In gastric smooth muscle cells both PKA and PKG phosphorylate RhoA, stimulate its translocation back to the cytosol, and inhibit its activity and the activity of RhoA-dependent Rho kinase at the same time as they inhibit ACh-stimulated sustained MLC20 phosphorylation and sustained muscle contraction (21). Treatment of cells with OA also caused phosphorylation of RhoA, and phosphorylation was blocked in cells expressing RhoA (S188A) or by PKI. However, inhibition of CCh-induced Rho kinase activity by OA was only partly reversed in cells expressing RhoA (S188A) or by PKI, suggesting that PKA-independent mechanisms that do not involve RhoA phosphorylation in the suppression of Rho kinase activity. Our results showing inhibition of Rho kinase activity by the cAMP analog that selectively activate Epac or partial reversal of OA-induced inhibition by suppression of Rap1 suggest that inhibition of Rho kinase activity by OA involves both a PKA-dependent mechanism involving phosphorylation of RhoA and a PKA-independent mechanism involving activation of Epac/Rap1 pathway. Evidence in support of the latter pathway include the following: 1) OA-stimulated Rap1 activity was not affected by myristoylated PKI; 2) the selective Epac ligand inhibited CCh-stimulated Rho kinase activity and muscle contraction, and the effect of Epac ligand is PKA-independent as myristoylated PKI had no effect on inhibition of Rho kinase activity and muscle contraction in response to Epac ligand; and 3) Rap1 siRNA blocked the inhibition of Rho kinase activity in response to Epac ligand, and only partly suppressed the inhibition of CCh-stimulated Rho kinase activity in response to OA, and the residual inhibition was blocked by PKI.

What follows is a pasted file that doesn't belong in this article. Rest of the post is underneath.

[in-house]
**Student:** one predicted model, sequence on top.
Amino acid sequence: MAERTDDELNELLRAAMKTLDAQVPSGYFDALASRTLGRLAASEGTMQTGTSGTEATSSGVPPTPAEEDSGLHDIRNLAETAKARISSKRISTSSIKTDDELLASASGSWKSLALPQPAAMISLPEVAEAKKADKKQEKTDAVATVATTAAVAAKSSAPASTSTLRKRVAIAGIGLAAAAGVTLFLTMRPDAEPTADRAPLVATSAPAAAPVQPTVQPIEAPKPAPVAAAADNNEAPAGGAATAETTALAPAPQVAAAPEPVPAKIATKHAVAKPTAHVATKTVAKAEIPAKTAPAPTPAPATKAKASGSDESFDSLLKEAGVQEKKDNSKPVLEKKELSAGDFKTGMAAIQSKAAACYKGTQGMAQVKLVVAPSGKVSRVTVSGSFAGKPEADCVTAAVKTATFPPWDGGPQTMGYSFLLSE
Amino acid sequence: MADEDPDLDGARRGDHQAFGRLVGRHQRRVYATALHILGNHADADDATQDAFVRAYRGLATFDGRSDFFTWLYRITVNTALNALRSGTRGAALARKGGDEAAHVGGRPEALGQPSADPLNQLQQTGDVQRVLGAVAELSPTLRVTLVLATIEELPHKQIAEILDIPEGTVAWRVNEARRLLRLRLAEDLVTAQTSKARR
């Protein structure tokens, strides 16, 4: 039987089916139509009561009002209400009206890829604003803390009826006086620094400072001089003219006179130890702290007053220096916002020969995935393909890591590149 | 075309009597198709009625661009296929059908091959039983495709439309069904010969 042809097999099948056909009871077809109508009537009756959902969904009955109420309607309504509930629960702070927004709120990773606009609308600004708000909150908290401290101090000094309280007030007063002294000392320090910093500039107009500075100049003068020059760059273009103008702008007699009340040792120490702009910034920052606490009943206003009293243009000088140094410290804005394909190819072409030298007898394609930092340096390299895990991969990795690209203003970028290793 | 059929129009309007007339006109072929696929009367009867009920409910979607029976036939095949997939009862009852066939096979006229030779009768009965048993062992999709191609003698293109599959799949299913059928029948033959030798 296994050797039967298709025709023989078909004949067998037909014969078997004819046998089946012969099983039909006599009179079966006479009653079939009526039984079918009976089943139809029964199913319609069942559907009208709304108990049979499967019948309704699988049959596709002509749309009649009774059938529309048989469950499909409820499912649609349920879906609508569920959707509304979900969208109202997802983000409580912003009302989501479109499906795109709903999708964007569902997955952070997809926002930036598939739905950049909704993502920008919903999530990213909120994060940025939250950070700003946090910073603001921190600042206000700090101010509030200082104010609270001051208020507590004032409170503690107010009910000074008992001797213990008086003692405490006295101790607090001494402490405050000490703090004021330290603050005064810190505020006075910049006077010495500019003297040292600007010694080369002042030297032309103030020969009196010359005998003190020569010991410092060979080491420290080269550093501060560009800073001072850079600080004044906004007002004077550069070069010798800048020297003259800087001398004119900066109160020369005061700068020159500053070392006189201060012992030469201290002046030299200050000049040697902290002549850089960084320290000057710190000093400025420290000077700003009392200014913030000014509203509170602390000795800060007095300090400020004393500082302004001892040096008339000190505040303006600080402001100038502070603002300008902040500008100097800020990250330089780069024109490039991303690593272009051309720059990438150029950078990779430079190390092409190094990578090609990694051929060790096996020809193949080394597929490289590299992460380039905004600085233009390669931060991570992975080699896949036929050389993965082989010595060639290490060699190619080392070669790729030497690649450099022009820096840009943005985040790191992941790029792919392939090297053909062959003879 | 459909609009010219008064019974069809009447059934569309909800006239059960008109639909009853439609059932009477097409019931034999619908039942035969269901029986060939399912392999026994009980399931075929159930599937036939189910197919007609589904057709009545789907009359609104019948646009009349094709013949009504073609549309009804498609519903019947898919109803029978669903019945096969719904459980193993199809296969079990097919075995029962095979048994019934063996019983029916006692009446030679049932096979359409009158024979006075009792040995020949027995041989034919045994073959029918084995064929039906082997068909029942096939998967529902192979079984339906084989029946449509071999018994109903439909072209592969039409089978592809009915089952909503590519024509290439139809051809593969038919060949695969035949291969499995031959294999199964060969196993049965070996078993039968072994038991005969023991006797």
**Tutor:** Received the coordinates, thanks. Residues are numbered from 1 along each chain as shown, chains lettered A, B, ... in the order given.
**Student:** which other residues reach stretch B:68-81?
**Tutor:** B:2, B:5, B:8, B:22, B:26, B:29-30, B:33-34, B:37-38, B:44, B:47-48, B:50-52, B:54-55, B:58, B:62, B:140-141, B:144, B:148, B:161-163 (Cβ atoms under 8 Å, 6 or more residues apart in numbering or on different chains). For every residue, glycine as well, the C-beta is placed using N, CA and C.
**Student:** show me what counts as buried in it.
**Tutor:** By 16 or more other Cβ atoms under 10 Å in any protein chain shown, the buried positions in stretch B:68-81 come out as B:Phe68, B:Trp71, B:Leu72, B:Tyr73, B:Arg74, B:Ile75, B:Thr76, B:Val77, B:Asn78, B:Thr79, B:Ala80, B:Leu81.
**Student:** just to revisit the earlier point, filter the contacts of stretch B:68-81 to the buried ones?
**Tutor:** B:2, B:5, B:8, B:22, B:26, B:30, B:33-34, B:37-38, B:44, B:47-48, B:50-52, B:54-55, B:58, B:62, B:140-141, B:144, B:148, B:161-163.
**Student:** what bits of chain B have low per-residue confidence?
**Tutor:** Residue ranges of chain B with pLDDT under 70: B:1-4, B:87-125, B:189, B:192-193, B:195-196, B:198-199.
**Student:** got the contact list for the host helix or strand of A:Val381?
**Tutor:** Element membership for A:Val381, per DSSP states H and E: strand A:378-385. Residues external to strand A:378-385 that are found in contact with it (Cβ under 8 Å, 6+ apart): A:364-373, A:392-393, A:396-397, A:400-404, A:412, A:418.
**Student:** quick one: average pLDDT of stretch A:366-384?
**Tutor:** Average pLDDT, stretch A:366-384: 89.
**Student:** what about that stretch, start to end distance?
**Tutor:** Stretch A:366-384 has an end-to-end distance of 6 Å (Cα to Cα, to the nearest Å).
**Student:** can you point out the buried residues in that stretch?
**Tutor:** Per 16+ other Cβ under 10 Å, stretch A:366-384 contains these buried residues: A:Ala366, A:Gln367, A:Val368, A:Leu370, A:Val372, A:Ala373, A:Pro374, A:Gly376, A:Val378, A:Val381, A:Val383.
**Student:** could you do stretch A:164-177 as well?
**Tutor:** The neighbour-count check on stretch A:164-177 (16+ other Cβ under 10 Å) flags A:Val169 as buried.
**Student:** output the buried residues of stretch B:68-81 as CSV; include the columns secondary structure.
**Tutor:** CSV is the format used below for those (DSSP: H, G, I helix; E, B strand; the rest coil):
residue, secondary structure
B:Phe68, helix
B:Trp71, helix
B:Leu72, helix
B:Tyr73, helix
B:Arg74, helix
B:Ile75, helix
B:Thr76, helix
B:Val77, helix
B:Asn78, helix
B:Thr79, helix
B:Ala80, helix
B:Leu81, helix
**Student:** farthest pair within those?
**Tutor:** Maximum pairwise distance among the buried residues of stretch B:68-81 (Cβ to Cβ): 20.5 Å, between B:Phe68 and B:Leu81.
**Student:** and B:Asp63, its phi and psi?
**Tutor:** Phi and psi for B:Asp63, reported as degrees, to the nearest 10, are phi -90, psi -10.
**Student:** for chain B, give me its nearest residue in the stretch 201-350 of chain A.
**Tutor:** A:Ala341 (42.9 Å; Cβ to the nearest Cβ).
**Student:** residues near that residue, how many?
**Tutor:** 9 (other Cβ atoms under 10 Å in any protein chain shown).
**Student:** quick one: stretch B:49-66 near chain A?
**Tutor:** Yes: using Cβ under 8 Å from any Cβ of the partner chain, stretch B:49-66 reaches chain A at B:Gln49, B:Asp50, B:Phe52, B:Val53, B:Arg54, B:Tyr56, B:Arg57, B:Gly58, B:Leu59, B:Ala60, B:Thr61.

cAMP, in addition to activating PKA, activates Epac, which belongs to a family of guanine nucleotide exchange factors (GEFs). Epacs are multidomain proteins with an NH2-terminal domain containing conserved cyclic nucleotide binding domain (CNBD) and a COOH-terminal catalytic domain. In the absence of cAMP, the regulatory domain interacts with the catalytic domain and inhibits the GEF activity, and this autoinhibition is relieved following the binding of cAMP to the CNBD and conformational change within the protein (2). The effects of PKA and Epac are antagonistic in cardiac fibroblasts with Epac being promigratory and PKA being antimigratory (37). Epac and PKA may act independently or in concert. The effects of Epac and PKA in airway smooth muscle, however, are additive. Both Epac and PKA induce muscle relaxation (26, 38). Understanding the mechanisms involved in PKA- vs. and Epac-mediated relaxation has revealed that one of the targets for Epac is Rap1.